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Claire Oswalt | A Visit in the Studio

Austin-based artist Claire Oswalt works in various disciplines – drawing, painting, and sculpture.  After two years designing textiles with a fellow artist, she wanted to return artisanship and craft to her daily life in the studio. Oswalt began working antithetically to her older, rigorous and representational work, redirecting the discipline towards minimal, watercolor compositions, relying on “the energy behind quick decisions, and the ruthlessness to pair the work down to the essential.” She seeks to juxtapose spontaneity with restraint, dynamic with static, until reaching a harmonious form, largely worked over yet clear in its intention to never show it. 

We're excited to revisit Claire and hear her thoughts on her creation process, who she admires and what keeps her going. 

Tell us a little bit about this new works you’ve been creating. Where do you source your materials?

I am constantly working towards a sense of harmony. It could be harmony in a design sense, or it could be one of very personal thoughts and feelings, but regardless, the work holds a precious process within it. Even beneath the clean outer layers you can see my struggle beneath. The process is everything to me. I rarely sketch out a work beforehand, but in turn choose to discover it in the process. That’s the joy and the self-discovery of what we do as artists.

There is a sense of personal relief that I aim to match on paper.

Photo credit Claire Oswalt 

Have the cities you’ve lived in influenced your practice? If so, tell us a bit about that, and what elements in particular steered you in certain directions.

LA gave me courage, New York gave me humility, and Austin, so far, is offering me a set of blinders to keep my focus directed solely toward work and improving my process.

Tell us about the best studio visit you’ve had.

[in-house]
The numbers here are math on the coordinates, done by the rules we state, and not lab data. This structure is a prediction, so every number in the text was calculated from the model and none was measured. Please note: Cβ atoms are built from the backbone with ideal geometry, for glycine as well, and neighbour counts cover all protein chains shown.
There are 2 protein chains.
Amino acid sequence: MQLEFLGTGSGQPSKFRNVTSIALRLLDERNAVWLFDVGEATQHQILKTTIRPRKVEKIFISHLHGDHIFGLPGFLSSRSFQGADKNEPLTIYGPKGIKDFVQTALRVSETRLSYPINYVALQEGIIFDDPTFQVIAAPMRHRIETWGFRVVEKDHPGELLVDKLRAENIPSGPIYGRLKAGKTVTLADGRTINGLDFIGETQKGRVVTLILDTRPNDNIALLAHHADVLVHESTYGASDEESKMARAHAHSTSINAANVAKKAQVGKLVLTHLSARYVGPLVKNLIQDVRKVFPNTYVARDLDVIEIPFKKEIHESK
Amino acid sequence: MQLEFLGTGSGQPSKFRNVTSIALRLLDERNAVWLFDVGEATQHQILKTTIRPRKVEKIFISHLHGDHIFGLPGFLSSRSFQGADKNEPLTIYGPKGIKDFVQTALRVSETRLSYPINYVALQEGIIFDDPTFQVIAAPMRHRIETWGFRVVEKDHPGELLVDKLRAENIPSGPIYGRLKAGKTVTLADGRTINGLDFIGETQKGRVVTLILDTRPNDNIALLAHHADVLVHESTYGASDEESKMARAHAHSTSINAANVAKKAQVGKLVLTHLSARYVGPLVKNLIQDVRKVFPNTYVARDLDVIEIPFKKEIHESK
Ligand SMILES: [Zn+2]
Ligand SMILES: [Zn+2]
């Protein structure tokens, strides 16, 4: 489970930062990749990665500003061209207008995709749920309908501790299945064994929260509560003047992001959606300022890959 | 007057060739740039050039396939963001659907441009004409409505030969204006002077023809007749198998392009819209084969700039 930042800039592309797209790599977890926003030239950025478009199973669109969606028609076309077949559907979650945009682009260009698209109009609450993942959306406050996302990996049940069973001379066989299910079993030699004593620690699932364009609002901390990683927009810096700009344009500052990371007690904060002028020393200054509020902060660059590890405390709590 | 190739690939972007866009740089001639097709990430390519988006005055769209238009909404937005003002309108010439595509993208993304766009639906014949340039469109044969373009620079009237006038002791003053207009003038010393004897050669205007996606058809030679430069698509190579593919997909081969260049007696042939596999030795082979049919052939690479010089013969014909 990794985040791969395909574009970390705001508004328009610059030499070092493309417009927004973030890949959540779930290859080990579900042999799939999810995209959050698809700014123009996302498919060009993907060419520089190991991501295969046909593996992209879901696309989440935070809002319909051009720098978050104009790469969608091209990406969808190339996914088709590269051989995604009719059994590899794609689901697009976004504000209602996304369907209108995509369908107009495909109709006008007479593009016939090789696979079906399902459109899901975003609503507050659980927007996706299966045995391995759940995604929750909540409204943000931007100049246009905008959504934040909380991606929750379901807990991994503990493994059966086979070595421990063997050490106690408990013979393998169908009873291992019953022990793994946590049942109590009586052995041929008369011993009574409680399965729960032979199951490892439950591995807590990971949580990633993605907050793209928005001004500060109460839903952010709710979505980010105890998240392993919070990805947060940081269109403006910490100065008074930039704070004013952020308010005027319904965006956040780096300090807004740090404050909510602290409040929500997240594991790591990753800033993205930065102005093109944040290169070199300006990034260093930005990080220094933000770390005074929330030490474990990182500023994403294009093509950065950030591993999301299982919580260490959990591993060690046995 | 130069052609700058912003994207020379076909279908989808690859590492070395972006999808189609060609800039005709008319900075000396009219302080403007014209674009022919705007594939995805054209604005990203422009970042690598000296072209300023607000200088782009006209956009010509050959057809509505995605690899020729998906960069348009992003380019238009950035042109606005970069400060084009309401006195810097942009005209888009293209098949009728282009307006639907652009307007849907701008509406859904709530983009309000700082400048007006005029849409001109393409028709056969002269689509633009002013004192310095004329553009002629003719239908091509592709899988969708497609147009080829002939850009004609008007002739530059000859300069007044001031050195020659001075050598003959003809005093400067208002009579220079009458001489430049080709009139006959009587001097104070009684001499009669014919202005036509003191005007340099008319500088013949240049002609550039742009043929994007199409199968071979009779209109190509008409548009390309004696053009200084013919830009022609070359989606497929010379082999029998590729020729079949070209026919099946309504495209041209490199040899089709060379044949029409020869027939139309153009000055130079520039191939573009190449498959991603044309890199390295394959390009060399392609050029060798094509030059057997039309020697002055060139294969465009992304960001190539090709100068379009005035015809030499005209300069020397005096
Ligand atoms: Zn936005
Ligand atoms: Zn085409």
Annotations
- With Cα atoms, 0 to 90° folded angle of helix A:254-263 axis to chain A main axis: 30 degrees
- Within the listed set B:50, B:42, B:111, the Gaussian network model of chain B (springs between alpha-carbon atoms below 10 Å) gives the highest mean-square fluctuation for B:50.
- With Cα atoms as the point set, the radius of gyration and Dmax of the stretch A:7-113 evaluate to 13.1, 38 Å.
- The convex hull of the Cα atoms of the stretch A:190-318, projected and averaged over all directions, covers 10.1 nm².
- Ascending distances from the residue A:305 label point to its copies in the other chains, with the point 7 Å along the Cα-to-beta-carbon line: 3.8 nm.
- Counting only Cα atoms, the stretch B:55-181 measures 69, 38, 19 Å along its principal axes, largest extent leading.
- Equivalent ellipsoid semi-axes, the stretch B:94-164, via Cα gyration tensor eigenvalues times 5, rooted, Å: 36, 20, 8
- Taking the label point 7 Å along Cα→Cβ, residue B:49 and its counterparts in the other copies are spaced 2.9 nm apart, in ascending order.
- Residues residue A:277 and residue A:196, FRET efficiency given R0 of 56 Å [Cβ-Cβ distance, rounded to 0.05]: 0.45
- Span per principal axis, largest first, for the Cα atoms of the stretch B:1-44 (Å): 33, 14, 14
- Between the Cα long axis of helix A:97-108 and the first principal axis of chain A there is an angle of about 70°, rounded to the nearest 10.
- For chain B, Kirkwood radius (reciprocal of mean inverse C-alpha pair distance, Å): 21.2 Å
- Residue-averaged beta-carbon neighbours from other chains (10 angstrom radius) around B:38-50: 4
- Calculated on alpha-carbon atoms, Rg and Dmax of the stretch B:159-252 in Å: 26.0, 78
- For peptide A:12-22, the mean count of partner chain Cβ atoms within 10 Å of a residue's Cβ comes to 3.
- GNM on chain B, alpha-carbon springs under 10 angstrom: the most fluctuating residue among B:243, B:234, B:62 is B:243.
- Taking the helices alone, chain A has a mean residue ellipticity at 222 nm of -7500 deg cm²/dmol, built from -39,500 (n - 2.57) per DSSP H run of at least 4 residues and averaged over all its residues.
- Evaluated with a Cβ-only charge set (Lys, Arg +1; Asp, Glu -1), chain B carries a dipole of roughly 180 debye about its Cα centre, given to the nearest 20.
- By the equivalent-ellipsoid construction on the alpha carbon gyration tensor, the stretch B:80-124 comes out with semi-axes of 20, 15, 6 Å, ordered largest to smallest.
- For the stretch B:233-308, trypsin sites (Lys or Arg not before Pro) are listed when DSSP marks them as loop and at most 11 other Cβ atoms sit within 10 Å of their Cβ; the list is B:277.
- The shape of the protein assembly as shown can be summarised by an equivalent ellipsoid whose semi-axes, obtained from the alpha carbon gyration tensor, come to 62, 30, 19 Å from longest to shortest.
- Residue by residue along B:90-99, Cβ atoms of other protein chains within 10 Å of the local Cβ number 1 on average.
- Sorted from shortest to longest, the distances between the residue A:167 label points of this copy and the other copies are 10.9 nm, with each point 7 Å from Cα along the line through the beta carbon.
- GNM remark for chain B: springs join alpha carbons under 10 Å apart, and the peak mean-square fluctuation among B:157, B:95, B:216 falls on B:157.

The best visit was probably the hardest one as well. I may have been 25 and I had a professor from the Yale School of Art come for a visit. While talking about my work he specifically brought to light the parts of the work where I had the most insecurity. It was if he was calling me out for not listening to my gut and putting in more work where it was needed. It was the beginning of my understanding that there was a small but decisive voice inside of me that would guide me if I just trusted it.

What is one artist living or dead you feel a great connection to? Someone who’s work has inspired your own practice and what you’re creating these days?

Sophie Tauber-Arp. She inspires in so many different ways - to crossover into another discipline, to merge design with art, to not allow the trends and sensibilities of the art world dictate the direction of my work. She was a badass of her time who went about things her own way.

What's one accomplishment you're most proud of? 

Taking a momentary break from art to make quilts and other textiles with a dear artist friend of mine. Little did I know it would build my personal voice and largely inform my work.

Best gift you’ve ever received?

Hard to say, but a recent one that comes to mind is a “float” in a sensory deprivation tank. Totally unique and wild.

Last gallery show you went to?